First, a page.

We will continue to publish against the grain: Urvashi Butalia

URVASHI BUTALIA

Another 365 days have gone by (and then another 31) and somehow, although the new year begins with just another day, there’s always a sense of new beginnings, new hopes, of looking back, and looking forward.

At Zubaan, we’ve had a busy year: we published some wonderful books, and reissued some of the best of our classics, our academic list grew from strength to strength, and our non fiction books covered a wide range of subjects. You’ll find a full list, with brief descriptions, of our 2015 titles below.

It’s also been a year of changes: in 2014 Preeti Gill, longtime editor at Zubaan and the brain behind our Northeast list, left to start a new and different professional life. In 2015, Anita Roy, who’s also been with Zubaan from the beginning, relocated to England to be with her parents, although she still continues to work with us, and is a virtual presence in the office every day through Skype.

Monetary constraints – all independent publishers are struggling, we’re no exception – meant that we were unable to bring in new people, and the existing Zubaan team, Shweta Vachani, Ishani Butalia, Meghna Singh bravely took on additional work, with support from our colleagues Satish Sharma, Elsy Paul, Santosh Singh and Usha, who keeps us well fed and ensures a regular (crucial) supply of coffee and tea.

Towards the end of 2015, we began to wind down our three year long project on Sexual Violence and Impunity in South Asia, a project supported by IDRC (International Development Research Centre), as a part of which 50 research papers were commissioned from across South Asia, and these will now be published in a set of volumes, the first of which came out in time for the Jaipur Literature Festival where we had an excellent and well attended (over 600 people!) discussion. The panel was called ‘Body of Evidence: Sexual Violence and the Search for Justice in South Asia’ and it was moderated by our co-coordinator of the project, Laxmi Murthy, with Meghna Guhathakurta from Bangladesh, Sumathy Sivamohan from Sri Lanka and Essar Batool from Kashmir as speakers.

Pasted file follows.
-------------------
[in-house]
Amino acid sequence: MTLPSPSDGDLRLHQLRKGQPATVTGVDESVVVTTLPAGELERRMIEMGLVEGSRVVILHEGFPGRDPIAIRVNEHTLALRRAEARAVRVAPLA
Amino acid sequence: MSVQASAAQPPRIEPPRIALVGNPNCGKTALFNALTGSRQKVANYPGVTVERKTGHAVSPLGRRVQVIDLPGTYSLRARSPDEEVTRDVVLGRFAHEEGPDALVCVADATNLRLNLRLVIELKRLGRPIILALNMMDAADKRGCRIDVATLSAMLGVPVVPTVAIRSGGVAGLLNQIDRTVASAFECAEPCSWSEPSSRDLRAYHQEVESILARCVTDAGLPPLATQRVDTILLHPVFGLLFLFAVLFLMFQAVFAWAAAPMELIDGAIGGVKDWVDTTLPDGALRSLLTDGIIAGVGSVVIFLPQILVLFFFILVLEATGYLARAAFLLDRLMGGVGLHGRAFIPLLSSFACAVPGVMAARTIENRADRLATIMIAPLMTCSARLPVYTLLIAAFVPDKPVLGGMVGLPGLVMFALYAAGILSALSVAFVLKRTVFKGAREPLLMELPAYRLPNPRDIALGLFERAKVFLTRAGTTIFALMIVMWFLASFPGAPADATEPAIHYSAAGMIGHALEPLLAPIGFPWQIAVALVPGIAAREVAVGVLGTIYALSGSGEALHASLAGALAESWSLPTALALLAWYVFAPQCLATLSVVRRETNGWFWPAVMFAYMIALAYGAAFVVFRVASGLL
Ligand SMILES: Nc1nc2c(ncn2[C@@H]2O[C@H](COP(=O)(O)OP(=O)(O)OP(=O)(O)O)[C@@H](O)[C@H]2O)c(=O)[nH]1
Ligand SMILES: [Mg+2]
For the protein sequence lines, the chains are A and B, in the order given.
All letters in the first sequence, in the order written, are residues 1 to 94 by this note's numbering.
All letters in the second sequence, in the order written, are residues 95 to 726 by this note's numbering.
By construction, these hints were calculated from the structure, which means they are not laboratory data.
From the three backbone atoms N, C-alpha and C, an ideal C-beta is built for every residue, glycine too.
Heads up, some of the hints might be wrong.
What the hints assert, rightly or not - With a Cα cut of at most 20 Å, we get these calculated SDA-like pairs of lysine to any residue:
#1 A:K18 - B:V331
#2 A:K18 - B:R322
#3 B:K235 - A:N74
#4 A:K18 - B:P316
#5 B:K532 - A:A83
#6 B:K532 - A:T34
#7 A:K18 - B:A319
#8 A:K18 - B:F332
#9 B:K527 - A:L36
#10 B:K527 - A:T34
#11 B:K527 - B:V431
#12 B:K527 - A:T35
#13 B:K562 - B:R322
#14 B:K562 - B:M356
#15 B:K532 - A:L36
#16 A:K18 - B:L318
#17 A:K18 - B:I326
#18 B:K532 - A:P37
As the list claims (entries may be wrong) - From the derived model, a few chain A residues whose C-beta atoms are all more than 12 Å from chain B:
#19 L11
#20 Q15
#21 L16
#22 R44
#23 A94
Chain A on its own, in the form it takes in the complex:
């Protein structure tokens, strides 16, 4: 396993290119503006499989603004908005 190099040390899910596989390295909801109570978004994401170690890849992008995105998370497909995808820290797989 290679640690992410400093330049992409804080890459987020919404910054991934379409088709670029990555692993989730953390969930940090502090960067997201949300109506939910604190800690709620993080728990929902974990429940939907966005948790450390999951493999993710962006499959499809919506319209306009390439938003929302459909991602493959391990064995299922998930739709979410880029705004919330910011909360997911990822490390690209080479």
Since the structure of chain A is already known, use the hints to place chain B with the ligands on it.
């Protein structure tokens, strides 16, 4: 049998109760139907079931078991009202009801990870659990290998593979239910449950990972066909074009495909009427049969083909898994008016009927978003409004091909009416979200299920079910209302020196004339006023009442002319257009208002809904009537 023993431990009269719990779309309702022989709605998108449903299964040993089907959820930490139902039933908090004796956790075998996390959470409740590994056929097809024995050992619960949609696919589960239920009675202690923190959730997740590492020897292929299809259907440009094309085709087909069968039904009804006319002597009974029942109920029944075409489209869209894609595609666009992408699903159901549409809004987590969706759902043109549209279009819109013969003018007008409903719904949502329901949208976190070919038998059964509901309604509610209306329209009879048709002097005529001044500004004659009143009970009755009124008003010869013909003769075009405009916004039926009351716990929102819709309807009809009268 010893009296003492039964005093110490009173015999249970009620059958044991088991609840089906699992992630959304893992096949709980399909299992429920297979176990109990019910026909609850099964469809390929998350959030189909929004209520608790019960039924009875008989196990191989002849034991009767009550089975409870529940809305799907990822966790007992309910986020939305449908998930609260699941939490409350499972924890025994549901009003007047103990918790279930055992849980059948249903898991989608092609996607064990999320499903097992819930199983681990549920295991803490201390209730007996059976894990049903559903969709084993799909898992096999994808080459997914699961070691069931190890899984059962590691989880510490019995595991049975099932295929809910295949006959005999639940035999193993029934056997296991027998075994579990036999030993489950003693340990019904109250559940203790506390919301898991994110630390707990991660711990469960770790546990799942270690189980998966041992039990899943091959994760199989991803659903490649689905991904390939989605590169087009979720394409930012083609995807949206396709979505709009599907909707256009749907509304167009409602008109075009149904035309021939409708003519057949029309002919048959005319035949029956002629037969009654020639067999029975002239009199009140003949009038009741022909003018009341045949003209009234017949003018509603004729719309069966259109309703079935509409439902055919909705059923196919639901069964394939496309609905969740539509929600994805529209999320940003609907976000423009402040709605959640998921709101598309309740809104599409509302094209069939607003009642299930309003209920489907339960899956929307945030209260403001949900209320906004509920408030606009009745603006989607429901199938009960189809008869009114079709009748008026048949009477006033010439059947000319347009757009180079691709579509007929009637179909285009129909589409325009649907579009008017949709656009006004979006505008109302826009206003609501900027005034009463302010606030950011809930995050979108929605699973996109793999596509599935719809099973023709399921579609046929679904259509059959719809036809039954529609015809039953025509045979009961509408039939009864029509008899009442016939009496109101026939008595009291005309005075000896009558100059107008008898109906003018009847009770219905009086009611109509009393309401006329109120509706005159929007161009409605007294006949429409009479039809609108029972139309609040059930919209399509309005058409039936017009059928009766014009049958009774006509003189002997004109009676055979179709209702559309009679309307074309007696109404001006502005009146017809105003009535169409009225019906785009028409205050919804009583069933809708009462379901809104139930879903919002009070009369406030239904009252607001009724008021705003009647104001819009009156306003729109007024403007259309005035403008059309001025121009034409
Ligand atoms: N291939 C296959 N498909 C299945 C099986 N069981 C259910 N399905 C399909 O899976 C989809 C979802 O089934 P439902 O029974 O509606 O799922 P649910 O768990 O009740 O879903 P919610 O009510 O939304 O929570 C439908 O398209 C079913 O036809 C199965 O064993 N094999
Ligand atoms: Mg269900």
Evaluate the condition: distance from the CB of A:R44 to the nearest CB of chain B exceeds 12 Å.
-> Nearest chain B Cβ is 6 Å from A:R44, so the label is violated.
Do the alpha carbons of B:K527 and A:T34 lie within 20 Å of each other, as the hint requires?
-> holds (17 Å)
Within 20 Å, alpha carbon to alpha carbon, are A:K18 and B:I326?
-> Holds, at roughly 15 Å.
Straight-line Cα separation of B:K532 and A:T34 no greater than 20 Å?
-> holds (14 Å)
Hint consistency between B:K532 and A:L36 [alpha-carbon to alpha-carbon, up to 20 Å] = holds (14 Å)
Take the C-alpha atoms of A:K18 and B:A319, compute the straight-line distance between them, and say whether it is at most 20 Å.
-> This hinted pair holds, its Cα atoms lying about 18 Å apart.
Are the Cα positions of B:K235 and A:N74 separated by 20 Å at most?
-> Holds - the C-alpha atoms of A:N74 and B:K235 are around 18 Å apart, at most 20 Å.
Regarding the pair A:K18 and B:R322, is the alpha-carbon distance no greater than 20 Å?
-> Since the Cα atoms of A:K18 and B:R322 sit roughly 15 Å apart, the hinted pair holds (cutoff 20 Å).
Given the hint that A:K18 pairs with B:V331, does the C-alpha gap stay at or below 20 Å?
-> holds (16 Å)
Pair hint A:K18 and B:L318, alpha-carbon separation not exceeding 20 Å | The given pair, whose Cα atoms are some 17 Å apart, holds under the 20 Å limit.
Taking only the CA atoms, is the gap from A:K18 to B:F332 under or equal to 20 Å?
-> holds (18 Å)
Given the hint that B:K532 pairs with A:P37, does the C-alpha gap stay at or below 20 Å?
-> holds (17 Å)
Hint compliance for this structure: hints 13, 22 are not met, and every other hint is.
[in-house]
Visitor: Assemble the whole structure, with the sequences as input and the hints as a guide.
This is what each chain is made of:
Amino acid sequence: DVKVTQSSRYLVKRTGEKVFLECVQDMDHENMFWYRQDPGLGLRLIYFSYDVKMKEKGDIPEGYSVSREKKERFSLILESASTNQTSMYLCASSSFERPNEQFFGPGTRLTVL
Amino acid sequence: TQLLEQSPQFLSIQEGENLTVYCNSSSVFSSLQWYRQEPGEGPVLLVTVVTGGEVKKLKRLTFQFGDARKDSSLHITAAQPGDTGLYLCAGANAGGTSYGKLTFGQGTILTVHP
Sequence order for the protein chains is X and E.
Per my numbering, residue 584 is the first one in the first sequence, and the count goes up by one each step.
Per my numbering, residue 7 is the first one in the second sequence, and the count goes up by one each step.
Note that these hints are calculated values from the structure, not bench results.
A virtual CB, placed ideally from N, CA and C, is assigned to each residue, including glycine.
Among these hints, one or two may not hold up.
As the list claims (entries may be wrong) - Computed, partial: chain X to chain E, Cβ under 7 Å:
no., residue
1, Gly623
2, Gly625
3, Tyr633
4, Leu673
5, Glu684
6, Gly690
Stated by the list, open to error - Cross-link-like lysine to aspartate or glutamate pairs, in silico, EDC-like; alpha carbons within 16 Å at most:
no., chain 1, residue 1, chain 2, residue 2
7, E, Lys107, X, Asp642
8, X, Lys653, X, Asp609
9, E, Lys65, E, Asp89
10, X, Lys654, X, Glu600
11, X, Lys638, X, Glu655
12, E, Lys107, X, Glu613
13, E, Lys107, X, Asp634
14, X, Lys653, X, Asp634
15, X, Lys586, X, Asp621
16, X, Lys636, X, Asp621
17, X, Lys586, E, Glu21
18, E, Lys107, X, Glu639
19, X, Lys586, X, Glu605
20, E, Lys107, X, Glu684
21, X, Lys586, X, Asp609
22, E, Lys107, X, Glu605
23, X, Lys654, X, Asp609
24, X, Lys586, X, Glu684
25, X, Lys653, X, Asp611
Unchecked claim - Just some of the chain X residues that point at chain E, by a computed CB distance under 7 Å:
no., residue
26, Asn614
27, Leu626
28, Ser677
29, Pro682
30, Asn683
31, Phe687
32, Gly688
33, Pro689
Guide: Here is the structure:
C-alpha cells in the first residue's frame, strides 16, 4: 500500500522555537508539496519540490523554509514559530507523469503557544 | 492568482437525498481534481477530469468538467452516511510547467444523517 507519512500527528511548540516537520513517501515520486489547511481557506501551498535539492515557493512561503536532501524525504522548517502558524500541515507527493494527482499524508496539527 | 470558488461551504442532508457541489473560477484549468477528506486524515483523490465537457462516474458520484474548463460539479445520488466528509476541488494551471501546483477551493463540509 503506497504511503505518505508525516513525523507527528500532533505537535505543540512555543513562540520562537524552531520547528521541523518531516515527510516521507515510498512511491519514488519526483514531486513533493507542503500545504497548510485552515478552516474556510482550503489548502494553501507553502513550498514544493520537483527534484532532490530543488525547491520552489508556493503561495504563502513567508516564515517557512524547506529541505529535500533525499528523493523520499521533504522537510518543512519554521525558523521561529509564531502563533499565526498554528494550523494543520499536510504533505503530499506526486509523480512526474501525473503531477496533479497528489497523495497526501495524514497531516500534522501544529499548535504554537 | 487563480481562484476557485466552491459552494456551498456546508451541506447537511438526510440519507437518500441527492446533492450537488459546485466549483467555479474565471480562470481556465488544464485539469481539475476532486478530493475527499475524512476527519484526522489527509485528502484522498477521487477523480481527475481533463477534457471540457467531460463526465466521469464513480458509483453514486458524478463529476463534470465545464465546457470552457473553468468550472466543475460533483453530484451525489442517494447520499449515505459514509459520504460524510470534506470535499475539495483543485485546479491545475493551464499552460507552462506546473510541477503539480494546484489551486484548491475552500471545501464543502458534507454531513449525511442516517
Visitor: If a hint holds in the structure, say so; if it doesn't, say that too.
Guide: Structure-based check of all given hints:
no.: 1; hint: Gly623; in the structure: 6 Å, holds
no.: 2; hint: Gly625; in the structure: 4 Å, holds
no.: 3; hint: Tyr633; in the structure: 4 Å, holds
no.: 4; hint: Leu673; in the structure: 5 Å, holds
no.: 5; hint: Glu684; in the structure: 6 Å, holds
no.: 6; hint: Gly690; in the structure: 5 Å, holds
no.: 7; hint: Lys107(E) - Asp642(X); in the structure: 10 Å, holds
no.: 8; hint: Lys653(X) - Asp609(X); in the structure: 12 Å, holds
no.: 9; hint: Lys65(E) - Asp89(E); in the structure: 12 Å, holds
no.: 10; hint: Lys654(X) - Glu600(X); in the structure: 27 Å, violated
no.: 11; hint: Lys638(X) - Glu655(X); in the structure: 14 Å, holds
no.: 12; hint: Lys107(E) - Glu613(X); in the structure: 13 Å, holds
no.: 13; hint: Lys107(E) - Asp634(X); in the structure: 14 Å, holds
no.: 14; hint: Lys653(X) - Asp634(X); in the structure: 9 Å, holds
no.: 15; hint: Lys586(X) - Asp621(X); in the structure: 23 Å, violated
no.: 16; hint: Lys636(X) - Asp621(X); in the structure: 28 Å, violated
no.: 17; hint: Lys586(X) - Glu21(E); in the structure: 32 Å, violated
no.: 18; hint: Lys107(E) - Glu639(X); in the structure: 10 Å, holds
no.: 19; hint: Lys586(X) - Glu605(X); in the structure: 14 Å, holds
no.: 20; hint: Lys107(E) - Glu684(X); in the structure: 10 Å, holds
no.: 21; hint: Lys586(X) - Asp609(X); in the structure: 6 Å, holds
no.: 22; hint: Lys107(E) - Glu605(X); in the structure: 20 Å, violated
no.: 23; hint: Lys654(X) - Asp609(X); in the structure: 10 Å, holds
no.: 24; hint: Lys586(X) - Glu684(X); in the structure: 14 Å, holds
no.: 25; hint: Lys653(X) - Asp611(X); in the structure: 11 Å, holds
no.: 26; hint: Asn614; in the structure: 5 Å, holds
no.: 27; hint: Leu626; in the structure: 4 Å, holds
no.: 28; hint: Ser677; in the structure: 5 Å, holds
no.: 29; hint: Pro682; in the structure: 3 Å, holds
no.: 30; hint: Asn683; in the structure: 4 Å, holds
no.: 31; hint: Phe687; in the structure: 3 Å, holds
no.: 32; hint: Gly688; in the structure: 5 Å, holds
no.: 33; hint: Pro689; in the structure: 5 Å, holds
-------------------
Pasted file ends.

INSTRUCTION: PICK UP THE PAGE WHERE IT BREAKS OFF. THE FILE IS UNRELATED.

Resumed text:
As always, we organised a number of events – our regular Critical Conversations at Oxford Bookstore which featured two lively discussions, one on sexualities and the other on writing from the Northeast. In collaboration with the Heinrich Boll Stiftung, we held a number of discussions on Partition in Delhi, at Jindal University Sonepat, in Kolkata (along with Peaceworks, a unit of Seagull Books) and Ahmedabad (along with Ahmedabad University). Cultures of Peace, our annual festival of the Northeast (also in collaboration with the Heinrich Boll Stiftung) made its way this year to Guwahati (where we partnered with the North East Writers Forum) and Bangalore, and in Delhi. A unique partnership was with EUNIC, the European Union Institutes of Culture, with whose help we brought over eight writers from Europe for a one day programme where they were in conversation with Indian writers. Cross Border Conversations, the programme, will now translate into a book. Our Young Zubaan programmes included discussions and workshops in schools, in bookshops (Full Circle Bookshop, one of our favourite places) and more.